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Salas-Salvado J, Garcia-Arellano A, Estruch R, Marquez-Sandoval F, Corella D, Fiol M, Gómez-Gracia E, Viñoles E, Arós F, Herrera C, Lahoz C, Lapetra J, Perona JS, Muñoz-Aguado D, Martínez-González MA, Ros E; PREDIMED Investigators. Components of the Mediterranean-type food pattern and serum inflammatory markers among patients at high risk for cardiovascular disease. Eur J Clin Nutr. May 2008; 62 (5): 651-659.

PubMed ID: 17440519
Study Design:
Prospective cohort study
B - Click here for explanation of classification scheme.
POSITIVE: See Research Design and Implementation Criteria Checklist below.
Research Purpose:
To evaluate associations between components of the Mediterranean diet and circulating markers of inflammation in a large cohort of asymptomatic subjects at high risk for cardiovascular disease.


Inclusion Criteria:

Community-dwelling people (age 55-80 years of age for men; 60-80 years of age for women) who fulfilled at least one of two criteria: Type 2 diabetes and three or more CHD risk factors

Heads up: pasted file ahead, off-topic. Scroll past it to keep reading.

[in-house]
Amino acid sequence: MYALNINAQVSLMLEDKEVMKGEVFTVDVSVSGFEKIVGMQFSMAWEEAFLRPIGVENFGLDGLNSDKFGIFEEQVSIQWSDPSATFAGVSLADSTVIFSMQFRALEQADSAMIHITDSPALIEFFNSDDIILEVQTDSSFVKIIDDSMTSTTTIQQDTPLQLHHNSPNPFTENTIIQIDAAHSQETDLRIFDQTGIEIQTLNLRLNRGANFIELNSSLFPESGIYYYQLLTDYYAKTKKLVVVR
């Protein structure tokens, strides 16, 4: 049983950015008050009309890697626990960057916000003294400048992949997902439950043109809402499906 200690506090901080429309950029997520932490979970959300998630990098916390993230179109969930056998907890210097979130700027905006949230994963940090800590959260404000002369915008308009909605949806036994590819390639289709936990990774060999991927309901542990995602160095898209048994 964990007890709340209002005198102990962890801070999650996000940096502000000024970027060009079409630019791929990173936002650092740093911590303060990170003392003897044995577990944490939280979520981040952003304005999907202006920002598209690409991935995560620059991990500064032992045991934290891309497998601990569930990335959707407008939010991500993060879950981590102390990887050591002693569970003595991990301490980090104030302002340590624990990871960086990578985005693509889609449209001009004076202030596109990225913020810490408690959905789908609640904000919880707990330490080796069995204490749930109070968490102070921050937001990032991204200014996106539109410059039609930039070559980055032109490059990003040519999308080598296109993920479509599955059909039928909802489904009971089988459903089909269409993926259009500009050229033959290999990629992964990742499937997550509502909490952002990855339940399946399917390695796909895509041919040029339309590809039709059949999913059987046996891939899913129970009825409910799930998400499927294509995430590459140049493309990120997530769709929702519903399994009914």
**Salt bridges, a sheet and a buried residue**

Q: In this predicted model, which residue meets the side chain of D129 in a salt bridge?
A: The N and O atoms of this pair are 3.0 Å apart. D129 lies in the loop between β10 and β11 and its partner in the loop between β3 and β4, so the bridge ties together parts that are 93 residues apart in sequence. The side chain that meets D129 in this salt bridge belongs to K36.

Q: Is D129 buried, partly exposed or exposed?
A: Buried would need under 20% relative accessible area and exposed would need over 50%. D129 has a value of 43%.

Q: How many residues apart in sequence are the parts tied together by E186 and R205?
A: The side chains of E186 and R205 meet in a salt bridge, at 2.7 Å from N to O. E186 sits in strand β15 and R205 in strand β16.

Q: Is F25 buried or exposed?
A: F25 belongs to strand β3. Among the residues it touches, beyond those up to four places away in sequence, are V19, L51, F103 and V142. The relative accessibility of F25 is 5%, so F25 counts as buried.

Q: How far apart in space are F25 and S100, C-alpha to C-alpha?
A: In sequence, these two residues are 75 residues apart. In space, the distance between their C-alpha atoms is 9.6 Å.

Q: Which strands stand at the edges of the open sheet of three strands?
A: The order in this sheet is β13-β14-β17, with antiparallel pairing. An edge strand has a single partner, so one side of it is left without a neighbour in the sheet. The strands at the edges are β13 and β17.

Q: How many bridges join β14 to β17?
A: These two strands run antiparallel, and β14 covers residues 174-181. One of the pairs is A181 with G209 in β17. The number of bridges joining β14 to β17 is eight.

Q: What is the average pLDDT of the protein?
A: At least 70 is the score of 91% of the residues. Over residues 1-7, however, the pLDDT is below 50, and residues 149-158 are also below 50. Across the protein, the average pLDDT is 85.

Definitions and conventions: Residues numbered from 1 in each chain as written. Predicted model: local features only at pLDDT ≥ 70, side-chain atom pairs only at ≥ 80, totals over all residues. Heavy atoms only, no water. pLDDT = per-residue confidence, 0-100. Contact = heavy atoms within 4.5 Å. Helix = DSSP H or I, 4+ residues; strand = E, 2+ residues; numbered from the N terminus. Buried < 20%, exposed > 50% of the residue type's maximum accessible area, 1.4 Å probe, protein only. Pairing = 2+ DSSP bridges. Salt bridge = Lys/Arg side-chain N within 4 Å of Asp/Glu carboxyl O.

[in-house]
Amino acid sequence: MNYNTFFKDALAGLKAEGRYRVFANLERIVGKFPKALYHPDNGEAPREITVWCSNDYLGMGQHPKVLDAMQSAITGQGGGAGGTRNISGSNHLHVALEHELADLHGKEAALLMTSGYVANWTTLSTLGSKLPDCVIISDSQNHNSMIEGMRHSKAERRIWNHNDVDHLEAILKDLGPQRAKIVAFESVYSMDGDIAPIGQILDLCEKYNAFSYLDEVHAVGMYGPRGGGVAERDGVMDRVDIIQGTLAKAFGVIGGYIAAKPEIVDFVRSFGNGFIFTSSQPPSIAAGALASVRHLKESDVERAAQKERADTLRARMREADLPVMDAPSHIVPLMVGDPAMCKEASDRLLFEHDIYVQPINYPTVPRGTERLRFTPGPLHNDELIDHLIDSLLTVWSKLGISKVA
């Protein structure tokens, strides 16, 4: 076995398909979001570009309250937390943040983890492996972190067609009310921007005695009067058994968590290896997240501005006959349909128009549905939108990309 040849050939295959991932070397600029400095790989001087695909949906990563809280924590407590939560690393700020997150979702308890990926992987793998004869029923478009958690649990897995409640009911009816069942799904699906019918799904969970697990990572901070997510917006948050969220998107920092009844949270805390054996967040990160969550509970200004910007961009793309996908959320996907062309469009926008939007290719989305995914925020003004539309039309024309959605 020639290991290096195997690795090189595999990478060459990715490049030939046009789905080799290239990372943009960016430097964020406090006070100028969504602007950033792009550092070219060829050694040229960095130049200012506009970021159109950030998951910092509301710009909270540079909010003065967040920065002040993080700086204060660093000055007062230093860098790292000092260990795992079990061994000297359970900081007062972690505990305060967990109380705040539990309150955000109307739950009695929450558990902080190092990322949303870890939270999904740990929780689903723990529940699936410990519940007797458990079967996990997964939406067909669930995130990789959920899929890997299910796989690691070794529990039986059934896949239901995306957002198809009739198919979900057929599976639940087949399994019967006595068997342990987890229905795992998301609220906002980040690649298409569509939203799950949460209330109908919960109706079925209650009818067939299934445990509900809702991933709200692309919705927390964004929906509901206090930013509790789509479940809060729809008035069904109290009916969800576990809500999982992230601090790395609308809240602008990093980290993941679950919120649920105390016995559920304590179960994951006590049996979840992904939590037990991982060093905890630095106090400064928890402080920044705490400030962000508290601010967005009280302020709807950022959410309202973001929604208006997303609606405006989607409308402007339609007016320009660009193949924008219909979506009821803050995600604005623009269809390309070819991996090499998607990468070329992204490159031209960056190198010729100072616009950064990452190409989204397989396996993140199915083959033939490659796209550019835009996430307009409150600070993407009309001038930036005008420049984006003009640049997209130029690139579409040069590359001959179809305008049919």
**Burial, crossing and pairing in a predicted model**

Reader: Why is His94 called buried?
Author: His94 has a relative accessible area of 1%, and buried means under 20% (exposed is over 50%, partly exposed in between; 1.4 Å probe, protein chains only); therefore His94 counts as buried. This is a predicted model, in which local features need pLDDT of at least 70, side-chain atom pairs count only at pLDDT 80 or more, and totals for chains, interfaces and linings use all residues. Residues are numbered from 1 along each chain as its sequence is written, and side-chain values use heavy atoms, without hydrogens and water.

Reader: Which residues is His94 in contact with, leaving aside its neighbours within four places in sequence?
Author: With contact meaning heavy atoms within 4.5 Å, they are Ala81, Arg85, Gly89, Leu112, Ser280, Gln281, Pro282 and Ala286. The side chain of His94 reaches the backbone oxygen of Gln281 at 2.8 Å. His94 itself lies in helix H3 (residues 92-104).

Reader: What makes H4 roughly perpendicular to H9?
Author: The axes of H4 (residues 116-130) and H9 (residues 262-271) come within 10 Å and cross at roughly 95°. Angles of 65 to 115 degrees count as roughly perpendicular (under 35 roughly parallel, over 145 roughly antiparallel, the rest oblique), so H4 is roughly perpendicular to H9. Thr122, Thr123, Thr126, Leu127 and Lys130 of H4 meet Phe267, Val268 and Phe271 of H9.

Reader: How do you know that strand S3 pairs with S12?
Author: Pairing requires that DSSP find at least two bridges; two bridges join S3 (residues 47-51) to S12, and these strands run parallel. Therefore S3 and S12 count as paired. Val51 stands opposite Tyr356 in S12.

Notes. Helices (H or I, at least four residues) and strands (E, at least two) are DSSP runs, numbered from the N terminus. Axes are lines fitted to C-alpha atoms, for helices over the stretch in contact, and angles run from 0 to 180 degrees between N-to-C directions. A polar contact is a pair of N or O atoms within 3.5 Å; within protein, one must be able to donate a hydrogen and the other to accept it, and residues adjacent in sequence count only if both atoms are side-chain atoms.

• The diabetes criterion was defined as a previous diagnosis of non-insulin-dependent diabetes, or fasting plasma glucose concentration greater than or equal to 120mg/dL observed on two consecutive occasions
  • The CHD risk-factor criteria included current smoking, hypertension (blood pressure >140/90mmHg, or treatment with anti-hypertensive drugs), low-density lipoprotein (LDL) cholesterol greater than or equal to 160mg/dL (or treatment with hypolipidaemic drugs), low high-density lipoprotein (HDL) cholesterol ≤40mg/dL, body mass index (BMI) ≥25kg/m2, or family history of premature CHD.


Exclusion Criteria:
  • Previous history of cardiovascular disease
  • Any severe chronic illness
  • Drug or alcohol abuse
  • History of allergy or intolerance to olive oil or nuts.
Description of Study Protocol:
  • The primary-care physicians based their selection of participants on a review of the subjects's clinical record and a screening visit
  • A list of candidates was obtained from computer-based records of patients regularly attending each of the participating centers
  • Potentially eligible candidates were contacted by telephone and invited to attend a screening visit.

Cohort, cross-sectional. 

Dietary Intake/Dietary Assessment Methodology
  • Energy and nutrient intake were calculated from Spanish food composition tables
  • The baseline examination included the administration of a 14-item questionnaire indicating the degree of adherence to the traditional Mediterranean diet that is an extension of a previously validated questionnaire
    • Values of zero or one were assigned to each of 14 dietary components